As child care programs across Detroit shuttered to slow the spread of the new coronavirus, Carole Williams had no good options.
On the one hand, Williams knew that by shutting down she’d be protecting her own health and the health of the children at Agnes’ Little Angels, the day care center she runs out of her home in Detroit.
On the other, she can’t go without income from her small business for long.
“It’s my only income,” said Williams, who is 58 and has health conditions that put her at high risk if she catches the coronavirus. “It’s terrible. I had a little money saved up, so I’m working on that right now.”
Gov. Gretchen Whitmer made the decision for Williams last week, when she ordered Michiganders not to leave home for work unless they are considered essential employees, a category that includes medical staff and grocery store workers. Most child care centers around the state are now closed, part of an urgent statewide effort to slow the spread of the coronavirus.
The closures pose a danger to the state’s fragile child care ecosystem, especially in Detroit. Advocates worry that the shock of sudden closure will force centers across the city to close permanently. That’s bad news for children whose development depends on getting access to early learning opportunities, and for families who need dependable child care in order to do essential work. An estimated 28,000 children in Detroit don’t have access to quality child care.
“It’s an incredible disruption,” said Matt Gillard, director of the state advocacy group Michigan’s Children. “The road back from this is particularly challenging and fraught for the childcare industry because it is such a fragile position in the best of times.”
Unlike K-12 schools, which are generally completely funded by taxpayers, most child care providers in Michigan operate as private businesses, relying at least in part on tuition from families. If they aren’t open, they can’t earn money.
As large parts of the U.S. economy shut down in response to the COVID-19 outbreak, child care providers across Michigan began sending out distress signals. Of 602 child care providers surveyed by the National Association for the Education of Young Children, 26% said they’d be forced to close their doors without a major government intervention. More than half said they’d already lost money.
Lawmakers and philanthropists have taken emergency steps to help providers in Michigan and nationwide pay their bills and keep their doors open until the outbreak is over.
A $2 trillion spending bill approved by Congress last week includes $3.5 billion in assistance to child care providers, of which Michigan is set to receive roughly $96 million. The state announced Monday that it will also use federal money to offer $600 a month to self-employed workers whose jobs were disrupted by the coronavirus, a category that includes the owners of child care centers.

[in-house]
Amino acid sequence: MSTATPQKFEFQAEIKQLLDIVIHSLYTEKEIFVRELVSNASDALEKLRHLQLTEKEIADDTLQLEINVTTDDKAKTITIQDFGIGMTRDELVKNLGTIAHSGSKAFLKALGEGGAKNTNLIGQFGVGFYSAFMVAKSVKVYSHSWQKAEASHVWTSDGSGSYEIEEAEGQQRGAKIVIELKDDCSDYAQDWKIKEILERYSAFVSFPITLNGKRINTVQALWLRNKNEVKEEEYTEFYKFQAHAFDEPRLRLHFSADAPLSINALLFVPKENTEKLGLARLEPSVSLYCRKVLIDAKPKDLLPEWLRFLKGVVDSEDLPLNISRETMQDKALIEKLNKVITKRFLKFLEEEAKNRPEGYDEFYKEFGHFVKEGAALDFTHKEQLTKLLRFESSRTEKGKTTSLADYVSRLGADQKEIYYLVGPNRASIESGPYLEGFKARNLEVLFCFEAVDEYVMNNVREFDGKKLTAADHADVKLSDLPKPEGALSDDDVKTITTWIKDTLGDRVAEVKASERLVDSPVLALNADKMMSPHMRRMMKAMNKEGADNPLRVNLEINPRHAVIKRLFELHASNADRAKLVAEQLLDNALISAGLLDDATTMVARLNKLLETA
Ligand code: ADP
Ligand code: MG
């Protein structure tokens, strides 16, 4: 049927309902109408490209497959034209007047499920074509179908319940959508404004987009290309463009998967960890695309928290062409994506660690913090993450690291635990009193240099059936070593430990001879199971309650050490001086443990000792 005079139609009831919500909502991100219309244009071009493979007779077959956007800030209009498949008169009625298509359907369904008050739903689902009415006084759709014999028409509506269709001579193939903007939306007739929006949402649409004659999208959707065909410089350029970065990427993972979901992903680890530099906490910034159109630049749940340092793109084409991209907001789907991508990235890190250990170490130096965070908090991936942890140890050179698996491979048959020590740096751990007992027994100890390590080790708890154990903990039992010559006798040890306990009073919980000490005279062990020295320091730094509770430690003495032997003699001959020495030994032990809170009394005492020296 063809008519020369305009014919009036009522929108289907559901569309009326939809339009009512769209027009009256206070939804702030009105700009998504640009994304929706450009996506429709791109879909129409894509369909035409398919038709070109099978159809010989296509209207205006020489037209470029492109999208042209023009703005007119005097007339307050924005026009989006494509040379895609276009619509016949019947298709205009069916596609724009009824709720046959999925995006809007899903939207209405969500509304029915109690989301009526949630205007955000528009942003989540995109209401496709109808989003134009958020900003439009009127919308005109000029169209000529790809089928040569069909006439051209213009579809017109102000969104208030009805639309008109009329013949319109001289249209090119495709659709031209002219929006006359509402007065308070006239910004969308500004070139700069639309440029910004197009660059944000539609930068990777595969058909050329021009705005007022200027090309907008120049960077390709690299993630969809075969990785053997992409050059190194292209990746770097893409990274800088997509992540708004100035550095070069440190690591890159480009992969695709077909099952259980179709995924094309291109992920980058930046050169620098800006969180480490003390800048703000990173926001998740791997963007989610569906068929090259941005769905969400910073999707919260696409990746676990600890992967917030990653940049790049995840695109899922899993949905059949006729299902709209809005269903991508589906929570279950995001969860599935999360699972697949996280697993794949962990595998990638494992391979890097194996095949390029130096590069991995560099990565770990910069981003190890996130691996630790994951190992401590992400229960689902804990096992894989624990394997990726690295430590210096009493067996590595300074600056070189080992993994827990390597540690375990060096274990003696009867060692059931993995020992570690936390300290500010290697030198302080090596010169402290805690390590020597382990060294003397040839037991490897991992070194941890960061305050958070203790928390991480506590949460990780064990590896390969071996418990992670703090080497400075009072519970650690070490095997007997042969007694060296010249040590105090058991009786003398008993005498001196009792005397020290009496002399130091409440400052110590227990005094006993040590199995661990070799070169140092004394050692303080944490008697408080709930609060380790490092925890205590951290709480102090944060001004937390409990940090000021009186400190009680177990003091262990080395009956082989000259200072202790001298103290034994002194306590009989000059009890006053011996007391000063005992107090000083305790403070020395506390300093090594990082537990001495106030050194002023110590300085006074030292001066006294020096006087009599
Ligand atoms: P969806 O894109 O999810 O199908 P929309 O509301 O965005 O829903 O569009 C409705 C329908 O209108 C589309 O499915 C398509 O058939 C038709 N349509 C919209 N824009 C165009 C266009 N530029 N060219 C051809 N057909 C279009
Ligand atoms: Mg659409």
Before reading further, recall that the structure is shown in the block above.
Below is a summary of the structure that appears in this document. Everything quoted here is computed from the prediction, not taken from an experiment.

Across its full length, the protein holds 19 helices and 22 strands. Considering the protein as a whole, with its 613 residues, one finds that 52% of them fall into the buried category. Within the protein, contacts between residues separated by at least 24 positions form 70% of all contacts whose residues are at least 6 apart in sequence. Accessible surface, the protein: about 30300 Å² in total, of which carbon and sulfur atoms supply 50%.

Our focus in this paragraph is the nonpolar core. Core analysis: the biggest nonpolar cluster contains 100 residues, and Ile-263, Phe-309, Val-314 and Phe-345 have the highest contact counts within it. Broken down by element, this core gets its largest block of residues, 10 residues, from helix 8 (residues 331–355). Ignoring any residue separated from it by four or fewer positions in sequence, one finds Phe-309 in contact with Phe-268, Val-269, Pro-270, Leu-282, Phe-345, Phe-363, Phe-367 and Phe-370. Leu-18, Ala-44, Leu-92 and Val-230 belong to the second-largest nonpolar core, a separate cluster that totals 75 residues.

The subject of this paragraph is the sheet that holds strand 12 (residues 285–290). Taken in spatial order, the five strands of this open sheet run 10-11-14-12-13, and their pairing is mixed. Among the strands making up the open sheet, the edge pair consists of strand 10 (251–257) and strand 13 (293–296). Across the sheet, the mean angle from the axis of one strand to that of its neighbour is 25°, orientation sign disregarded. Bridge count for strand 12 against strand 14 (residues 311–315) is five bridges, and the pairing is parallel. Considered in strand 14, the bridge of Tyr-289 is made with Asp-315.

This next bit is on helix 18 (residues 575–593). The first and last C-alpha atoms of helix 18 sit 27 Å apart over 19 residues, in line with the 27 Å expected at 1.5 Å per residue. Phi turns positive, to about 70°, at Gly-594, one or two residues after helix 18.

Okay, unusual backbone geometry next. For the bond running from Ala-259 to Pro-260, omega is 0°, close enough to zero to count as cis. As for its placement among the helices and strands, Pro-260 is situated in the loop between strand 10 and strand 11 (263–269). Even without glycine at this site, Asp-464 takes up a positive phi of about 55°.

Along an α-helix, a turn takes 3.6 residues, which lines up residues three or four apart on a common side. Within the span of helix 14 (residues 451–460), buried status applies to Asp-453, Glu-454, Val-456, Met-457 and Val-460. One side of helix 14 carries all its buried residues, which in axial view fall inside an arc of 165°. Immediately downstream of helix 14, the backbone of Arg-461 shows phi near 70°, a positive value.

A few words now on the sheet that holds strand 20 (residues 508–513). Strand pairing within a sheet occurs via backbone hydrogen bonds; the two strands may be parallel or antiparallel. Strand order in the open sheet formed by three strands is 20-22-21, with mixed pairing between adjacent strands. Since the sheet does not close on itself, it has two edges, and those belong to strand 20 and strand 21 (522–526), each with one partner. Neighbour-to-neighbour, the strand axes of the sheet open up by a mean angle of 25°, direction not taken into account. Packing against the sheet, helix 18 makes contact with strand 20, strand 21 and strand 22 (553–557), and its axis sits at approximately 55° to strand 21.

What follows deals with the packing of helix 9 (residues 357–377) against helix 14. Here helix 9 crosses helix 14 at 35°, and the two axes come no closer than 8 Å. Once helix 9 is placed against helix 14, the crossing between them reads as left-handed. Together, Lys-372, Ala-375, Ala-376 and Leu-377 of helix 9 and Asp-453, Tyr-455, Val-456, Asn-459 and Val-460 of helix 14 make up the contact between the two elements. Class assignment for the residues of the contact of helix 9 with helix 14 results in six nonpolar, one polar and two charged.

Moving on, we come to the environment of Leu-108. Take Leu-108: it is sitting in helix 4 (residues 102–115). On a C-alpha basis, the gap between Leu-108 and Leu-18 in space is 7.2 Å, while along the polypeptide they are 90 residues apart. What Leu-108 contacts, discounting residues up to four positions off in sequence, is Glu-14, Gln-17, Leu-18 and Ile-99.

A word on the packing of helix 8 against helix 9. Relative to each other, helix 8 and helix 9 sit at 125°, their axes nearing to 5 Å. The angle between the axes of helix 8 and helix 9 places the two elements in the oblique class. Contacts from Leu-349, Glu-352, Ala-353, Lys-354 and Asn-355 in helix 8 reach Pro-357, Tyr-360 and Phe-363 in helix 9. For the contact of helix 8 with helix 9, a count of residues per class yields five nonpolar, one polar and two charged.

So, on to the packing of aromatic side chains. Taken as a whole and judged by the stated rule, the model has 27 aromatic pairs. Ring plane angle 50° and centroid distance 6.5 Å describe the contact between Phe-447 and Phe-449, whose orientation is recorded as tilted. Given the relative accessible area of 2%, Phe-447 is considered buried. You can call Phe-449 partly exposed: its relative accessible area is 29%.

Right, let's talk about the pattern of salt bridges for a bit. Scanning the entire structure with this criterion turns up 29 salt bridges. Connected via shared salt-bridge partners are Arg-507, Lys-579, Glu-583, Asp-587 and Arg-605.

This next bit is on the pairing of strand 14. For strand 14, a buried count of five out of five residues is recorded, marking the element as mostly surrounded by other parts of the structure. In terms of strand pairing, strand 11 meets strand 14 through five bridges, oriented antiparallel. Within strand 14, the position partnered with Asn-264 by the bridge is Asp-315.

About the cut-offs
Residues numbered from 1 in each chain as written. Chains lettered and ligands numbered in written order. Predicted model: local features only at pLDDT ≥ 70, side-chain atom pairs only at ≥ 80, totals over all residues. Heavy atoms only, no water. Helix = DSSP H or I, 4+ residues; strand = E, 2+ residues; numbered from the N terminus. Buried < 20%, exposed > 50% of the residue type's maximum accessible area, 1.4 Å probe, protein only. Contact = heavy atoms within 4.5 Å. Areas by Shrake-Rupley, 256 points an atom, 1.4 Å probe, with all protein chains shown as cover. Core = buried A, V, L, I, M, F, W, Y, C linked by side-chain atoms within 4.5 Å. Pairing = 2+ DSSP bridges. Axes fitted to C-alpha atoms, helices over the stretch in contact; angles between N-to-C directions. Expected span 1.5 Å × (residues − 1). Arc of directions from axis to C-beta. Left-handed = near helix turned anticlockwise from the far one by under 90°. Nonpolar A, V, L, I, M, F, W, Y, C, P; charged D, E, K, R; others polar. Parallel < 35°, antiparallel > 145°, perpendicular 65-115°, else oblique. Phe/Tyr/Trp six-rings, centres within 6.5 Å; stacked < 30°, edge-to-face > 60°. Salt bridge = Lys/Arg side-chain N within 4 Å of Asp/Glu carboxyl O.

Philanthropies including the United Way and TechTown are also offering grants that can help private child care centers survive the closure.But child care advocates worry that the aid will be too little and too late for some programs.
“They need to pay them today,” said Camarrah Morgan, a parent and caregiver engagement coordinator for Hope Starts Here, a Detroit-based early childhood initiative. Providers are “scrambling trying to figure out how to get an infusion of cash. Timing matters. That might be a reason programs make it through.”
Williams said she feels confident she’ll be able to reopen.
“It’s going to be a struggle, but I know for sure that I’m going to open back up,” she said.
Other providers in Detroit aren’t so sure.
“I’m praying I can,” said Sheila Wilkerson, 60. Her only income is from her home-based child care center in Detroit. “I’m getting ready to try and pay some bills.”
On Whitmer’s orders, some child care centers across Michigan will soon reopen to care for the children of essential workers. They’ll be paid for that work, but only a small portion of all child care providers will be needed. That prospect is frightening for Felicia Legardy, a child care provider whose sister-in-law was hospitalized with what she believes is COVID-19 over the weekend.
“It seems like I’m living in a nightmare,” Legardy said.
Still, with all 17 child care providers shut down in Brightmoor, Legardy’s neighborhood on the west side of Detroit, she says she told state officials that she’d be willing to reopen. She was concerned that without child care options, children would be left at home.
Nina Hodge, owner of Above and Beyond Learning Center on the city’s east side, said she planned to reopen, but she worried that the COVID-19 outbreak would put an end to recent growth in her business.
Even after the worst of the pandemic is over in Michigan, she said, she would be slow to reopen.
“You had older staff that wouldn’t even go to church,” she said. “I’m not going to make them come in.”